Knowing how to use reverb effectively is one of those things that really comes with practice, but we want to help you a get ahead, as poorly balanced reverb is one of the most obvious signs of an inexperienced engineer. So, here’s our guide to how reverb works and how to use it effectively. In this article we will use natural reverb on solo piano, and plate reverb on vocals as two examples.
Put simply, reverb plugins simulate acoustic spaces like cathedrals or concert halls, and reverb equipment like spring or plate reverb units. There are no hard and fast rules as to what type of reverb sounds best on which instrument, so experiment will all the different presets you can find, as they are all distinctive and useful in different ways.
How They Work
Some reverb plugins create a large number of delayed versions of the audio input, which all add together to create a smooth reverb tail which gently dies away to nothing. These delays simulate the individual reflections of sound off all the hard surfaces of a real acoustic space.
Alternatively, rather than using lots of delay lines to imitate reflections in a room, convolution based reverb plugins like Altiverb multiply the incoming audio with the response of a room or piece of equipment. This gives a more realistic sounding reverb, which is perfect for our solo piano example. Almost anything will sound good with convolution reverb, but it does require you to have the response of the right room or piece of equipment first, you can’t just make one up by changing the settings.
Just about every reverb plugin will allow you to choose from several different types of reverb. The acoustic spaces like halls, churches and small or mid-sized rooms are useful for piano or strings to give the feel of genuine space. Plate and spring reverbs are not particularly natural sounding, but they have a unique metallic tone which is useful for guitars and snare drums that need some character. Vocals sound particularly nice with plate reverb, as the distinctive sound is easy to pick out in a mix.
Early Reflections / Size
The first few reflections of reverb are usually quite distinct and clear, and your ears use these to work out how big a physical room is. Most plugins will give you some control over these early reflections in the reverb, even if it’s just labelled as ‘size’. Larger rooms have more pronounced early reflections, so when you select a larger size the plugin will usually make its simulated early reflections louder.
For a solo grand piano with a natural sounding reverb, we want a large sounding space with plenty of acoustic information for the listener to pick up. Early reflections help bring clarity to plate reverb, so a medium to large size would fit vocals quite well.
Also known as ‘pre-delay’, this is the time before the first early reflection arrives, which has a big impact on how big a space sounds; as you increase the pre-delay the room gets bigger. For a concert hall, somewhere around 15ms should be about right to match a real space. For a plate reverb on vocals this can be much shorter or even zero, as we are not trying to create the illusion of space, and just using the reverb tail as an effect.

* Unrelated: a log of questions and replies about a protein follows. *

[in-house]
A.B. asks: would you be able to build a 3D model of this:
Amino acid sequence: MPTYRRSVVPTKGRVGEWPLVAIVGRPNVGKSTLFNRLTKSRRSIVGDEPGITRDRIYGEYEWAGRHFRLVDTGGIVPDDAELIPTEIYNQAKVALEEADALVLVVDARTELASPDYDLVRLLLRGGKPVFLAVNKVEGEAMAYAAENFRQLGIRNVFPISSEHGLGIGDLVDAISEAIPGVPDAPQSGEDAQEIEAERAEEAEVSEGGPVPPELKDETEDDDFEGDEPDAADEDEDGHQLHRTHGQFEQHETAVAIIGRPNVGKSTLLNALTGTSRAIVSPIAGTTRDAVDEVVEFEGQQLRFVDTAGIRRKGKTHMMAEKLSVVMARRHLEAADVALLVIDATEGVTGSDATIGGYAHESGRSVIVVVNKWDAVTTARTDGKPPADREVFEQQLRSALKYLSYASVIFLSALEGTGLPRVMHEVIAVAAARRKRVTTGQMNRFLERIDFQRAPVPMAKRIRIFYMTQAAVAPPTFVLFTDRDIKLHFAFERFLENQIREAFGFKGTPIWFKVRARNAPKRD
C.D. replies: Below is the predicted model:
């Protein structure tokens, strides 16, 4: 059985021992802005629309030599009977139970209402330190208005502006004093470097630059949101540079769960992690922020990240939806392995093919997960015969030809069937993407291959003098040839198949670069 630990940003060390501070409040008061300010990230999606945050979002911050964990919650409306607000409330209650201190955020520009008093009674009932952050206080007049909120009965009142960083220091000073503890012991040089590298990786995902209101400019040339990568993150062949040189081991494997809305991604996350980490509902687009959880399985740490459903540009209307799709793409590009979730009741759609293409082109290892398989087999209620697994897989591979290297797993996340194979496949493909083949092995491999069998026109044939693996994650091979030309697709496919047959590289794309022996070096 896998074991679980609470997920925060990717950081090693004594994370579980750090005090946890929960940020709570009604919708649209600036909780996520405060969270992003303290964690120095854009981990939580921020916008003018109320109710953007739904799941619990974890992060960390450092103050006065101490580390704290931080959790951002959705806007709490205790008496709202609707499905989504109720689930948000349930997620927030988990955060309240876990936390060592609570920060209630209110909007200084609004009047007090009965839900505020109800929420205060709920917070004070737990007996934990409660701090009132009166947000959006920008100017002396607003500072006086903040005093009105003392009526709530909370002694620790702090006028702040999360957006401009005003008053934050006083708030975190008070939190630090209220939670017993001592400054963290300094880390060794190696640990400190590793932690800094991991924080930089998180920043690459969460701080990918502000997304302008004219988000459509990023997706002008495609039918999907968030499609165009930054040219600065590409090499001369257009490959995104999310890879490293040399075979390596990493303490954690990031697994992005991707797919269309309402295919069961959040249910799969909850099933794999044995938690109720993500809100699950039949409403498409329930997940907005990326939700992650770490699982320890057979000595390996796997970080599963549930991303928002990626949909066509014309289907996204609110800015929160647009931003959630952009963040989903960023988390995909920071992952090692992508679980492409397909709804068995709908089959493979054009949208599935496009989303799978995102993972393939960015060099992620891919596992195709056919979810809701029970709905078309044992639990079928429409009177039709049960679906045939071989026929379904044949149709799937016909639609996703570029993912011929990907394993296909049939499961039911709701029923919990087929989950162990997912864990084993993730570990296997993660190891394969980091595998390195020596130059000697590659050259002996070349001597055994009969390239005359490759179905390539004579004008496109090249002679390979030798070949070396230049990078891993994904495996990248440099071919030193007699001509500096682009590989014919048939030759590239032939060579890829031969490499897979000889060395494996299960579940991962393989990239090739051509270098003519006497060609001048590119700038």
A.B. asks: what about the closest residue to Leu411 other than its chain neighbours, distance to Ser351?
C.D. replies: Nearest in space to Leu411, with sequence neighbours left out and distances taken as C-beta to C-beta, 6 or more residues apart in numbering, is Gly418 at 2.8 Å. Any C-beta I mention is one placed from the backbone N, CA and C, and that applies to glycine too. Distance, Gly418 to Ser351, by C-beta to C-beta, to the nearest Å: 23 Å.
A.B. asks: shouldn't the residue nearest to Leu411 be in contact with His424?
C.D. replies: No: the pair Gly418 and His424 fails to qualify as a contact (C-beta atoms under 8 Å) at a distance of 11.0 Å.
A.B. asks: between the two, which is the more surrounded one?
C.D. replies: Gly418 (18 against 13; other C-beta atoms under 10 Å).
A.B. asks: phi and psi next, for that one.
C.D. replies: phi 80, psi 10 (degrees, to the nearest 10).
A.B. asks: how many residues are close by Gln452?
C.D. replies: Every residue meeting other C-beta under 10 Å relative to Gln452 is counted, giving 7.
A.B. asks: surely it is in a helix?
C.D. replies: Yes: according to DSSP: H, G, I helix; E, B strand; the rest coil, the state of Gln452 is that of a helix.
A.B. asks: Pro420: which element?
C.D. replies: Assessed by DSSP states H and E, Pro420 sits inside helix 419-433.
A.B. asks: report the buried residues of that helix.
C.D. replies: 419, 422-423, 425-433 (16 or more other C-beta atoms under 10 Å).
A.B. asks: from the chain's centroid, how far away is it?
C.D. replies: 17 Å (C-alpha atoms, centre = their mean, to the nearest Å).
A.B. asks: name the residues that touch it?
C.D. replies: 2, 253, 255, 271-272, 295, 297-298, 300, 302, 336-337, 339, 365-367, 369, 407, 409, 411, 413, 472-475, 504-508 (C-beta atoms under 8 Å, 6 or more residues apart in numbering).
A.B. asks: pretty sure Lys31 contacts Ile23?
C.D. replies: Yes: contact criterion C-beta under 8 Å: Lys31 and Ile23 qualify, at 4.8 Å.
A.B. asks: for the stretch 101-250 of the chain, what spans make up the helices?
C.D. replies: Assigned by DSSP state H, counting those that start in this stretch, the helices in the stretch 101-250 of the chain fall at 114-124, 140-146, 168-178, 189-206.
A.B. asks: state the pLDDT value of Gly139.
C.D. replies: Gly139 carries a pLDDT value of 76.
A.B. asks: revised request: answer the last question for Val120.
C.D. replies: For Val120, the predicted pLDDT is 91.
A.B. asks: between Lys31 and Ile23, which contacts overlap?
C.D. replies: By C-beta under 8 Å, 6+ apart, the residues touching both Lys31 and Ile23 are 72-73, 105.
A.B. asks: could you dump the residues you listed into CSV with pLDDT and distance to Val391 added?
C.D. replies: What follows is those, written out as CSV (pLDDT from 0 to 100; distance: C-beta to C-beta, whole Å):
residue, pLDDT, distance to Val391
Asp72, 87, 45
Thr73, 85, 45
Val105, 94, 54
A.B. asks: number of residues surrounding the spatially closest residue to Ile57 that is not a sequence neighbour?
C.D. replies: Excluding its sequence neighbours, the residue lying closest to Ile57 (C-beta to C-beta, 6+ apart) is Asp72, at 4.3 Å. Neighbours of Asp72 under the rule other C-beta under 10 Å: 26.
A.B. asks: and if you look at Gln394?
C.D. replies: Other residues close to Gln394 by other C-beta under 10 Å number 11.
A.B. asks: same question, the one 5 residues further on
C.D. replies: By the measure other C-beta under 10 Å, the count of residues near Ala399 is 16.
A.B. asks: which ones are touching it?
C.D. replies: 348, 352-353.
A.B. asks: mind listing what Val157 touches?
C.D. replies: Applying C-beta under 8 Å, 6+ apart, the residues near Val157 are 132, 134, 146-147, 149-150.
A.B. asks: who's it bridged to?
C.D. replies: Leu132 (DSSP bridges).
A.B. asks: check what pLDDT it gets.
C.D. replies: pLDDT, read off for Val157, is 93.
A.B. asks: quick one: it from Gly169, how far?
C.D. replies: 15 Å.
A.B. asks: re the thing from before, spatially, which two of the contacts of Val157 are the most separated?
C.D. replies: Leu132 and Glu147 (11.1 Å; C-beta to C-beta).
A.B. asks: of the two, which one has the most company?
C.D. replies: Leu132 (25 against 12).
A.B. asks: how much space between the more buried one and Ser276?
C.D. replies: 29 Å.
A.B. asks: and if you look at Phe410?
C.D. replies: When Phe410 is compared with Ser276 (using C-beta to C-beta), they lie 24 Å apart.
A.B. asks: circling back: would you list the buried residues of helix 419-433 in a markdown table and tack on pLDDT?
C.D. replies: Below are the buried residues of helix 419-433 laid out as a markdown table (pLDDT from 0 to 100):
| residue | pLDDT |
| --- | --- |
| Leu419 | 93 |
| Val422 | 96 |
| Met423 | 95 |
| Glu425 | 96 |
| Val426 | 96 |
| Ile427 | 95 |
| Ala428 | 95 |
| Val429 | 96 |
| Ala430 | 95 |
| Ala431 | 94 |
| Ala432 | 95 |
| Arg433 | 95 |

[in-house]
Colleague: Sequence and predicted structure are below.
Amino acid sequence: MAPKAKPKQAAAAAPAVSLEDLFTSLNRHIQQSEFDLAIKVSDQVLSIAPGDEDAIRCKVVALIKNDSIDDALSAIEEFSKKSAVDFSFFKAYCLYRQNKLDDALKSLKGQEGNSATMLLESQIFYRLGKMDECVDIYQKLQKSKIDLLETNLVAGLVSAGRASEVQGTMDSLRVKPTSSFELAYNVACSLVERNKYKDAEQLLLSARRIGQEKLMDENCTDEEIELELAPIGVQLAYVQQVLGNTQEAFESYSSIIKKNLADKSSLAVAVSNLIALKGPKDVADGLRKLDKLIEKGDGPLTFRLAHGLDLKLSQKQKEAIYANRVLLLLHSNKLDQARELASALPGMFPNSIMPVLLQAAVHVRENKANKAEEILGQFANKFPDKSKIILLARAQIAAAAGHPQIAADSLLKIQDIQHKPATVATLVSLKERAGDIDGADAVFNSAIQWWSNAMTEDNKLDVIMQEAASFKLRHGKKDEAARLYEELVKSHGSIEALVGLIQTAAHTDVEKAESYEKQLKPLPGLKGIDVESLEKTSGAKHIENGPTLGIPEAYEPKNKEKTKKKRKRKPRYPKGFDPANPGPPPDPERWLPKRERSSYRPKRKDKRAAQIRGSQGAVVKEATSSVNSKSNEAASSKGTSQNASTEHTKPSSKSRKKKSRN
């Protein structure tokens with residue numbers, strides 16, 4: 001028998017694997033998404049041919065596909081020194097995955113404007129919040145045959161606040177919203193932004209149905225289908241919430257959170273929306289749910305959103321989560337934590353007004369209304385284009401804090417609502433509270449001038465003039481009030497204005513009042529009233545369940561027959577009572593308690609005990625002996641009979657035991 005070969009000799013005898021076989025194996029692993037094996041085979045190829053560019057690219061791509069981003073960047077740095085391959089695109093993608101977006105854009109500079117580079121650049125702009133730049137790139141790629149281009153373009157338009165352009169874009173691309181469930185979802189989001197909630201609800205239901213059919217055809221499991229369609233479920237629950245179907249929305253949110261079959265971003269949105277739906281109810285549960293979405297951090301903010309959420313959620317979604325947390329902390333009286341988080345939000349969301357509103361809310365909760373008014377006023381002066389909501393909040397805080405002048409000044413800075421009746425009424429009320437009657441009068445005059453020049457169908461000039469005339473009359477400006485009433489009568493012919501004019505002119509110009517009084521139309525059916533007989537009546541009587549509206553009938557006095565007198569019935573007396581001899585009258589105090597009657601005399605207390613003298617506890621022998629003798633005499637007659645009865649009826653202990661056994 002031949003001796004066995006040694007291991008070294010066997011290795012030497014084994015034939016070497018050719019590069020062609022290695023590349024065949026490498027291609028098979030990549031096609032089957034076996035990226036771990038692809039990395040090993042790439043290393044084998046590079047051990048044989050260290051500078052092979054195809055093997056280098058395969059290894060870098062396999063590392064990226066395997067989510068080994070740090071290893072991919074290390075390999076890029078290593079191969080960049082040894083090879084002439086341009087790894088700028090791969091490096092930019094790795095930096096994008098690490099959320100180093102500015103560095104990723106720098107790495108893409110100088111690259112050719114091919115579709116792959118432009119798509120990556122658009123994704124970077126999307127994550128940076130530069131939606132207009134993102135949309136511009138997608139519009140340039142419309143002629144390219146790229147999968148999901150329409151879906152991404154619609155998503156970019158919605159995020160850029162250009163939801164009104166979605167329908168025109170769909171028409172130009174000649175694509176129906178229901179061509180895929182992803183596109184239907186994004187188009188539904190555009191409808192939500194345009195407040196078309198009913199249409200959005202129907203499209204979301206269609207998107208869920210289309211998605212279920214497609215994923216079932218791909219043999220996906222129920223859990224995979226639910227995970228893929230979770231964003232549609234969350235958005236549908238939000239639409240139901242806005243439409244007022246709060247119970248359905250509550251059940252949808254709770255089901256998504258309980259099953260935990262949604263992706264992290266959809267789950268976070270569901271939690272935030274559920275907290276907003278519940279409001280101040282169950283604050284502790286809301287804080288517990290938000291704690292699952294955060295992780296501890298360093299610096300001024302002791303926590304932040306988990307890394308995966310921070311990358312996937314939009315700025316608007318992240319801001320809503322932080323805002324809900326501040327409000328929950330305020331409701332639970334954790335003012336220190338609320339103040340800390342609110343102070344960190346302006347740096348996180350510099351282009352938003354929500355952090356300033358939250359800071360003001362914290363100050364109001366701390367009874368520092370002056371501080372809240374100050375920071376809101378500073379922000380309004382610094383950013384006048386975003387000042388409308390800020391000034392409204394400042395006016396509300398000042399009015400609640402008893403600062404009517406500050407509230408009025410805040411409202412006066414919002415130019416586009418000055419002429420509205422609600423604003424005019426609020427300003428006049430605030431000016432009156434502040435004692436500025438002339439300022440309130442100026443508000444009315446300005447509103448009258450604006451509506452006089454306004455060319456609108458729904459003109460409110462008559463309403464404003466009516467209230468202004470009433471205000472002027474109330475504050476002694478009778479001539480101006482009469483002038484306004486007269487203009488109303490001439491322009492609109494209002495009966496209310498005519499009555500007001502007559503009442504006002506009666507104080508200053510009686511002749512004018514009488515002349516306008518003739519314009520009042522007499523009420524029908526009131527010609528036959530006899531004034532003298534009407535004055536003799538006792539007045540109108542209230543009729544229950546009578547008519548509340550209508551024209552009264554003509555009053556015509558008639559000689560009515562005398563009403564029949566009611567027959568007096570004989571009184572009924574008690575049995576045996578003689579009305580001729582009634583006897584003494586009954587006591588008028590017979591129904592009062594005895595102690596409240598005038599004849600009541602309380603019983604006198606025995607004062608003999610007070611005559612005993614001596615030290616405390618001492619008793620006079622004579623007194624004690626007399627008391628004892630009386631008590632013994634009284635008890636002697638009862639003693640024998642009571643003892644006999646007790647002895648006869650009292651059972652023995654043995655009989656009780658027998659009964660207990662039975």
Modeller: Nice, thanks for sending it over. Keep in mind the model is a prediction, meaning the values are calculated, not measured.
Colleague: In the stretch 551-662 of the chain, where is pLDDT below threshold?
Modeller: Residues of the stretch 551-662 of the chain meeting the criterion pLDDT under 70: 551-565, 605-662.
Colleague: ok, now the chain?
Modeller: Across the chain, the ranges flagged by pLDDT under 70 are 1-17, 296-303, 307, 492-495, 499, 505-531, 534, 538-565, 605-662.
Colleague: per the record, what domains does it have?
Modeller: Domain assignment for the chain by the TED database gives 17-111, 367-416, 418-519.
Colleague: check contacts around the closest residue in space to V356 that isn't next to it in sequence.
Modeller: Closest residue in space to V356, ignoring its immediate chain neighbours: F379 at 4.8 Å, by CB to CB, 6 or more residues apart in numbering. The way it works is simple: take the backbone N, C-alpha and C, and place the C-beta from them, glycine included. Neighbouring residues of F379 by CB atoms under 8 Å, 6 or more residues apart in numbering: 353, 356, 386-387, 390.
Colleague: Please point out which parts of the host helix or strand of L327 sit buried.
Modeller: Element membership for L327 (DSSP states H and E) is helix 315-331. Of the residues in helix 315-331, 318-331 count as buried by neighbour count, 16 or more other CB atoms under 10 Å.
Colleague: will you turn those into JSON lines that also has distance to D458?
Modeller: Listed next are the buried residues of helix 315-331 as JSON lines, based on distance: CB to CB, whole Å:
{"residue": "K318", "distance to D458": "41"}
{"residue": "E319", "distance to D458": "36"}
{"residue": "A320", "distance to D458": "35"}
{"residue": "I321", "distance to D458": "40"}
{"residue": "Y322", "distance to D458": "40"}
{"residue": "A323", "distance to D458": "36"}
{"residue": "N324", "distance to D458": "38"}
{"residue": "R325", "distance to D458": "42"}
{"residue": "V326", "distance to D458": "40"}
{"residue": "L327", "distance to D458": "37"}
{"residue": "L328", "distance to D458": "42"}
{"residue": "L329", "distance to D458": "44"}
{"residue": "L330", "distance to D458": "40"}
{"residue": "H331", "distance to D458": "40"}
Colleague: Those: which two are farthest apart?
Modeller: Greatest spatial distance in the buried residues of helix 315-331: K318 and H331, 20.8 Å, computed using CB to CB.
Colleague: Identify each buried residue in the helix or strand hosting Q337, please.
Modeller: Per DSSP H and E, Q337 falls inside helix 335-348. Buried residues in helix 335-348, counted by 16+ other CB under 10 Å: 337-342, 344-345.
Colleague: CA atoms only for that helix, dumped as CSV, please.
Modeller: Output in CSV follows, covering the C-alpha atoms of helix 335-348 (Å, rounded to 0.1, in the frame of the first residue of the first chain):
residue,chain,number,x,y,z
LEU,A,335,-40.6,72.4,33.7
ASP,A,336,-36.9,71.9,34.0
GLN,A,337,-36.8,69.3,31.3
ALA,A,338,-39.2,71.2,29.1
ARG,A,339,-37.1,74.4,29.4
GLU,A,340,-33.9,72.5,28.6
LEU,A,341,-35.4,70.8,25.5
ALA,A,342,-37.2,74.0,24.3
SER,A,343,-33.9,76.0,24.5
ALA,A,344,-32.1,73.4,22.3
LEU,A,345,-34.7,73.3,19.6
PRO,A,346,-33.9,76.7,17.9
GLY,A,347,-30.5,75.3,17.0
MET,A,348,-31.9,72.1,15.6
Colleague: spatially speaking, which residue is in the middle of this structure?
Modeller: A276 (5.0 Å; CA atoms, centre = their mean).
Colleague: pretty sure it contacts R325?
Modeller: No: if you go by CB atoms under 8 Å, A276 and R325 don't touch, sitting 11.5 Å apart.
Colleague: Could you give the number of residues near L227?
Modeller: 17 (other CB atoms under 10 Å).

This determines how dense the reverb tail is, literally how many reflections there are per millisecond. A very diffuse reverb has a lot of reflections which blur into a big, thick and dense sound. Be careful with the diffusion in big mixes as the reverb tail can make the mix sound very muddy if it is too dense. Broadly speaking, about 60-70% is good starting place, listen and then dial it back if it’s too much. For solo piano, we want to keep some character in the reverb tail so about 40-50% diffusion is plenty. The vocal plate reverb should be very diffuse to get a soft and smooth decay, so 100% diffusion is ideal.
This determines how long the reverb tail takes to die away, and is what a lot of people focus on exclusively. For our vocal plate reverb, a decay of just over two seconds is enough to make the reverb heard without being so long that it clogs up the mix. For solo piano, we have the luxury of making the reverb more of a feature, so about four and a half to five seconds should be about right.
Equalisation is a step that is often overlooked when setting reverb. Most plugins will give you control of a high frequency cut or eq, which simulates the hf loss that you would get in a real acoustic space. This is perfect for the solo piano, just dial in a little hf cut so the reverb sounds softer and less brittle. Vocals will usually benefit from some hf reduction on the reverb, particularly on plate and spring reverbs which can be very bright, to the point of sounding harsh. We can’t give you specific frequencies or how much to reduce them because it really depends on the instrument you are using, and the specific type of reverb you choose, so get experimenting.
Cutting the reverb’s low end with eq is a very useful way of thinning it out so that it doesn’t take up too much space in the mix. This isn’t so helpful on vocals as they don’t contain much low end anyway, and the solo piano really needs the low end to sound natural. However on instruments like piano or guitar in a full mix, taking out anything below about 100 Hz in the reverb will stop it sounding muddy and overwhelming.